Tag Archives: aches

“They”

 

They say

I didn’t fight enough

They don’t know

How my body aches

How my body has

Lost the feeling to

Feel the pain.

 

They say

I didn’t raise my voice enough

They don’t know

How my throat itches

How my voice has

Completely lost the feeling to

Feel the voice.

 

They say

I did not repulse

I did not revolt

They say the fault

Is mine.

 

I can’t blame anyone

They say

That I was wrong

And they were right

They were strong

And I was weak.

 

They say

My demeanor should be composed

My anger should be subsumed

They say

It is not a big thing

It is just a passing fling.

 

They say

I am the devil

I am my own fall

They say

I am the ill

I am the cause.

 

They say

I didn’t fight enough

They say

I didn’t raise my voice enough

They don’t know

My lungs gave way

Screaming into void

They don’t know

That my armor

Rests in peace

Fighting for my life.

Yet they say

I didn’t revolt

Yet they say

I was wrong and they

Were strong

They don’t know

That my blood

Distanced itself from my heart

They don’t know

That my soul embittered

On my body.

 

These “they”

Who are they?

Who are they

To make me the evil

Who are they

To judge me

For being the devil?

 

They don’t know me

Let alone my soul

They can’t judge me

Unless they can tell me

That they have fought

More than me

That they have

Screamed

Longer than me.

 

They don’t know me

They don’t know my battle

And yet,

“They” say….

 

*

I still refrain to even believe in my rarest imaginations that I am anywhere near being a poet, despite all your comments on my previous posts. So, again I call this a vain attempt to try and write in as limited words as possible, and to express as far and as truthfully I can.

Re-visiting; Re-reading.

I read this following poem time and again, very often, so often that by now I have most of the lines by heart and yet I do not get enough of it.

How can I? Because every time I read this, it gives me, well I won’t say new insight but the very same old feelings that I live with. The feelings are always there, they are ever present, only they come out or I let them come out not too often. These are the feelings I live with, most women live with.

Though there are some days when they flow so rapidly that I fail to control them, or give them a direction and on those days, I read, I read anything, and everything, I read poems, novels, stories, plays. I read this poem all over again.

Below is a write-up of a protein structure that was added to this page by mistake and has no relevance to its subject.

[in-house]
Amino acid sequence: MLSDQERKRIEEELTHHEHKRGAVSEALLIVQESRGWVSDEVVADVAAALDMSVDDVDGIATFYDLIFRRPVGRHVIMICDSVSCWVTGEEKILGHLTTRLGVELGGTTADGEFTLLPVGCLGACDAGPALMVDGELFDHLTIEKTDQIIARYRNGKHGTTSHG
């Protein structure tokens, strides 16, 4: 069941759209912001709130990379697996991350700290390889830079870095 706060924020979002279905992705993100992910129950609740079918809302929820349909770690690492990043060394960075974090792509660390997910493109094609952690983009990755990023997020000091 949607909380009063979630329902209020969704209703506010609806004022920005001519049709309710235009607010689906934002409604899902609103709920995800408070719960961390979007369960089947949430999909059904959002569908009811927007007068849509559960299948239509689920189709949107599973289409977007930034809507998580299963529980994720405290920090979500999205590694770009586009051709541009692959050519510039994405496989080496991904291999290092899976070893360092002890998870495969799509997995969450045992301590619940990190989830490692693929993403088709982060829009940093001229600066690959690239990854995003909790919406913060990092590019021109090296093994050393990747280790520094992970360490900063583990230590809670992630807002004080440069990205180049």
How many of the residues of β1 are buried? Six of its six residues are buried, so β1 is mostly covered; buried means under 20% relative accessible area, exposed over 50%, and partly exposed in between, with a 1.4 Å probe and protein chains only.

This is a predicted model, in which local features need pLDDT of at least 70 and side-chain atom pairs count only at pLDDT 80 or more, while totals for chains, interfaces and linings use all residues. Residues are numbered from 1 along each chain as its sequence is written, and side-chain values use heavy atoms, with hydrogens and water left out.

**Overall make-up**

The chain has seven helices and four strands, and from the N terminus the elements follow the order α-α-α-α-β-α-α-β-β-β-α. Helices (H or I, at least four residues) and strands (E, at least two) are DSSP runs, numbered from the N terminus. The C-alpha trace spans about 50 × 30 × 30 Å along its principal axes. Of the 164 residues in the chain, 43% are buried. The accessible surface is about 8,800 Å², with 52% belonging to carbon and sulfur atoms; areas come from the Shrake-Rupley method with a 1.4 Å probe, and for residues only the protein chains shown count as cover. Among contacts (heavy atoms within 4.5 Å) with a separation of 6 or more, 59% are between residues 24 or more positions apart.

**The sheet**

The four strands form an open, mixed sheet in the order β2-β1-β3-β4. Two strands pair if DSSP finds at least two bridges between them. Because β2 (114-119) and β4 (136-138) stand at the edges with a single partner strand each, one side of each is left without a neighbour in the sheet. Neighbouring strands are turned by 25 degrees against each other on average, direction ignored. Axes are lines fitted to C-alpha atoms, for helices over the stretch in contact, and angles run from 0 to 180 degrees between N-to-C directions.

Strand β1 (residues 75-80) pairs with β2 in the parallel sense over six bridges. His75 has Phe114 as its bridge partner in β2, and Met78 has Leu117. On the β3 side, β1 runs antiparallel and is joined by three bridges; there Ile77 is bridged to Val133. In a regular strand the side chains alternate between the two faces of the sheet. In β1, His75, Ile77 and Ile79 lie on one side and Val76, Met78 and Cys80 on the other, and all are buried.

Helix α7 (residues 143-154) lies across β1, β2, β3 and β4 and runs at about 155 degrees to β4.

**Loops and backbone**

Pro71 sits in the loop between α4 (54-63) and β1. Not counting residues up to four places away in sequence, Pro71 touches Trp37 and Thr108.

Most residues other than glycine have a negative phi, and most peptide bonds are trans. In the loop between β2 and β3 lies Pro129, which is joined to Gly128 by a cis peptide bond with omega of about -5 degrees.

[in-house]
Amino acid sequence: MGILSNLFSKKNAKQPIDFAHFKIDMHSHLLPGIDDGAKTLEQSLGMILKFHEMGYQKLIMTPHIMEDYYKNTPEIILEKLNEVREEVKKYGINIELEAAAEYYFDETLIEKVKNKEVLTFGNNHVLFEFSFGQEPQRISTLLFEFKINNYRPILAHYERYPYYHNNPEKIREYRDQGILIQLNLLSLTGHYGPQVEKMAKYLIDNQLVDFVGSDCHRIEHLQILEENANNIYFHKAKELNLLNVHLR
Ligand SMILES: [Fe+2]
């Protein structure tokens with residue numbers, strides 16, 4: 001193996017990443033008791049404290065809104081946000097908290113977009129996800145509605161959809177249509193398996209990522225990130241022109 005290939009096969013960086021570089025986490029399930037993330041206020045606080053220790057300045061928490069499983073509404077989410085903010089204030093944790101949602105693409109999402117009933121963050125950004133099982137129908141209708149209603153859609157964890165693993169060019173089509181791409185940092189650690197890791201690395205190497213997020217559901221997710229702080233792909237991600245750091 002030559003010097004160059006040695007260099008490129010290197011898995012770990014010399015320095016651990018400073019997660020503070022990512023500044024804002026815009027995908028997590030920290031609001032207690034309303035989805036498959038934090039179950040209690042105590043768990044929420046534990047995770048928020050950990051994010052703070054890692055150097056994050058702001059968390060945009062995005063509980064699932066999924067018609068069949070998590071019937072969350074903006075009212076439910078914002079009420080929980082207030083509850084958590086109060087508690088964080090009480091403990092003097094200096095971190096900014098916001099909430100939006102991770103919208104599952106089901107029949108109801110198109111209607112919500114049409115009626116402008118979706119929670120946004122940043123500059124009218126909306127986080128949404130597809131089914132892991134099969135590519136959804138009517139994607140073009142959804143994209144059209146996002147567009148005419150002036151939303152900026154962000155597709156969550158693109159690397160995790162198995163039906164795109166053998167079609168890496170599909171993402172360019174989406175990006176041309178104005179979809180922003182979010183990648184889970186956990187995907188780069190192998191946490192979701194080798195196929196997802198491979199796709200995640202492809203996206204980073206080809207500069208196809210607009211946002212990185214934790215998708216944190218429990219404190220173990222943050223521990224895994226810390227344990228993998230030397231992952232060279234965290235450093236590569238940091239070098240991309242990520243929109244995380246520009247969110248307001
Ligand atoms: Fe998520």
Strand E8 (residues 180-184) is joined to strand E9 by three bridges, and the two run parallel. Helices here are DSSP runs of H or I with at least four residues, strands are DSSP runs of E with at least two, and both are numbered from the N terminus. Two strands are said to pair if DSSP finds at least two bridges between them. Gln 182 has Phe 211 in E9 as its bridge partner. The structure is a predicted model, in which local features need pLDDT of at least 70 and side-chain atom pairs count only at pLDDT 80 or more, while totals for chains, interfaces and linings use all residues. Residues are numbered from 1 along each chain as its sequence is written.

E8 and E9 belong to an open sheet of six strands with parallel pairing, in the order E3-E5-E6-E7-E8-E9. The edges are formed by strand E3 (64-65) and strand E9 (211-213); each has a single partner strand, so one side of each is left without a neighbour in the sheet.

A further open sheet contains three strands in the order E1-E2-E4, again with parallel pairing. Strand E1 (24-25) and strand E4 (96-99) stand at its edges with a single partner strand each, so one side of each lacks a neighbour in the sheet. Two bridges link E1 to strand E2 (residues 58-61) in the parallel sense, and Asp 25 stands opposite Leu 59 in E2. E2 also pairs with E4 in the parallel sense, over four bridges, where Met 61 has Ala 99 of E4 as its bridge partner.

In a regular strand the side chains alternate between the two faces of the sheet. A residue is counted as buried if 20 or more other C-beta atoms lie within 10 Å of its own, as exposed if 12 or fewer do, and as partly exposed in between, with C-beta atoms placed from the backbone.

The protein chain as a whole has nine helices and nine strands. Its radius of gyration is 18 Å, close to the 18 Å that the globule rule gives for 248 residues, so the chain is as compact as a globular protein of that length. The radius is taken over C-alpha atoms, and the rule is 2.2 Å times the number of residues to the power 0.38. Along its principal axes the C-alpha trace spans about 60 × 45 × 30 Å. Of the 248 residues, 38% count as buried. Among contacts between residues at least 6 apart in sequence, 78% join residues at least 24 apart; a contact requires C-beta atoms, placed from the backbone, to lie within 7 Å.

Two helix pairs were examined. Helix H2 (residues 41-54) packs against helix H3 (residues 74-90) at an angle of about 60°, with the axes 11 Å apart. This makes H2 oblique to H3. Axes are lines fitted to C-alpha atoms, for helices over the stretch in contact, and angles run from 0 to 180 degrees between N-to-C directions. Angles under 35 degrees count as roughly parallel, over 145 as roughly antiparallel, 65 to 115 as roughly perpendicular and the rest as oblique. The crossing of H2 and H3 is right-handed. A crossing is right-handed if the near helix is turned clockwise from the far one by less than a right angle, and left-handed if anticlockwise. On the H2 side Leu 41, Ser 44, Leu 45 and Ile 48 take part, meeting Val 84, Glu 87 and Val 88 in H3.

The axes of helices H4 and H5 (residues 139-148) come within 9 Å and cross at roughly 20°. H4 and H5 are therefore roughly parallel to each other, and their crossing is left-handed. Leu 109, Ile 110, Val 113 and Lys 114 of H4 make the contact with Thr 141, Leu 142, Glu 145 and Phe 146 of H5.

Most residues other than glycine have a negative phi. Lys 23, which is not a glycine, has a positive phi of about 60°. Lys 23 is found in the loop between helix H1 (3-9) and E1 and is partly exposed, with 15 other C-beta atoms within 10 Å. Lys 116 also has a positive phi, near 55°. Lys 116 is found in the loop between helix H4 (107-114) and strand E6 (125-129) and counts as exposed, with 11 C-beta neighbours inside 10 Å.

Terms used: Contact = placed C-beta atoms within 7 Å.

Today is one such day, and I will share this once again. Because, I am flowing, I am hurting, I am smiling, because it’s all mine, because I am I.

An Introduction. 

I don’t know politics but I know the names
Of those in power, and can repeat them like
Days of week, or names of months, beginning with Nehru.
I am Indian, very brown, born inMalabar,
I speak three languages, write in
Two, dream in one.
Don’t write in English, they said, English is
Not your mother-tongue. Why not leave
Me alone, critics, friends, visiting cousins,
Every one of you? Why not let me speak in
Any language I like? The language I speak,
Becomes mine, its distortions, its queernesses
All mine, mine alone.
It is half English, halfIndian, funny perhaps, but it is honest,
It is as human as I am human, don’t
You see? It voices my joys, my longings, my
Hopes, and it is useful to me as cawing
Is to crows or roaring to the lions, it
Is human speech, the speech of the mind that is
Here and not there, a mind that sees and hears and
Is aware. Not the deaf, blind speech
Of trees in storm or of monsoon clouds or of rain or the
Incoherent mutterings of the blazing
Funeral pyre. I was child, and later they
Told me I grew, for I became tall, my limbs
Swelled and one or two places sprouted hair.
WhenI asked for love, not knowing what else to ask
For, he drew a youth of sixteen into the
Bedroom and closed the door, He did not beat me
But my sad woman-body felt so beaten.
The weight of my breasts and womb crushed me.
I shrank Pitifully.
Then … I wore a shirt and my
Brother’s trousers, cut my hair short and ignored
My womanliness. Dress in sarees, be girl
Be wife, they said. Be embroiderer, be cook,
Be a quarreller with servants. Fit in. Oh,
Belong, cried the categorizers. Don’t sit
On walls or peep in through our lace-draped windows.
Be Amy, or be Kamala. Or, better
Still, be Madhavikutty. It is time to
Choose a name, a role. Don’t play pretending games.
Don’t play at schizophrenia or be a
Nympho. Don’t cry embarrassingly loud when
Jilted in love … I met a man, loved him. Call
Him not by any name, he is every man
Who wants. a woman, just as I am every
Woman who seeks love. In him . . . the hungry haste
Of rivers, in me . . . the oceans’ tireless
Waiting. Who are you, I ask each and everyone,
The answer is, it is I. Anywhere and,
Everywhere, I see the one who calls himself I
In this world, he is tightly packed like the
Sword in its sheath. It is I who drink lonely
Drinks at twelve, midnight, in hotels of strange towns,
It is I who laugh, it is I who make love
And then, feel shame, it is I who lie dying
With a rattle in my throat. I am sinner,
I am saint. I am the beloved and the
Betrayed. I have no joys that are not yours, no
Aches which are not yours. I too call myself I.

Kamala Das.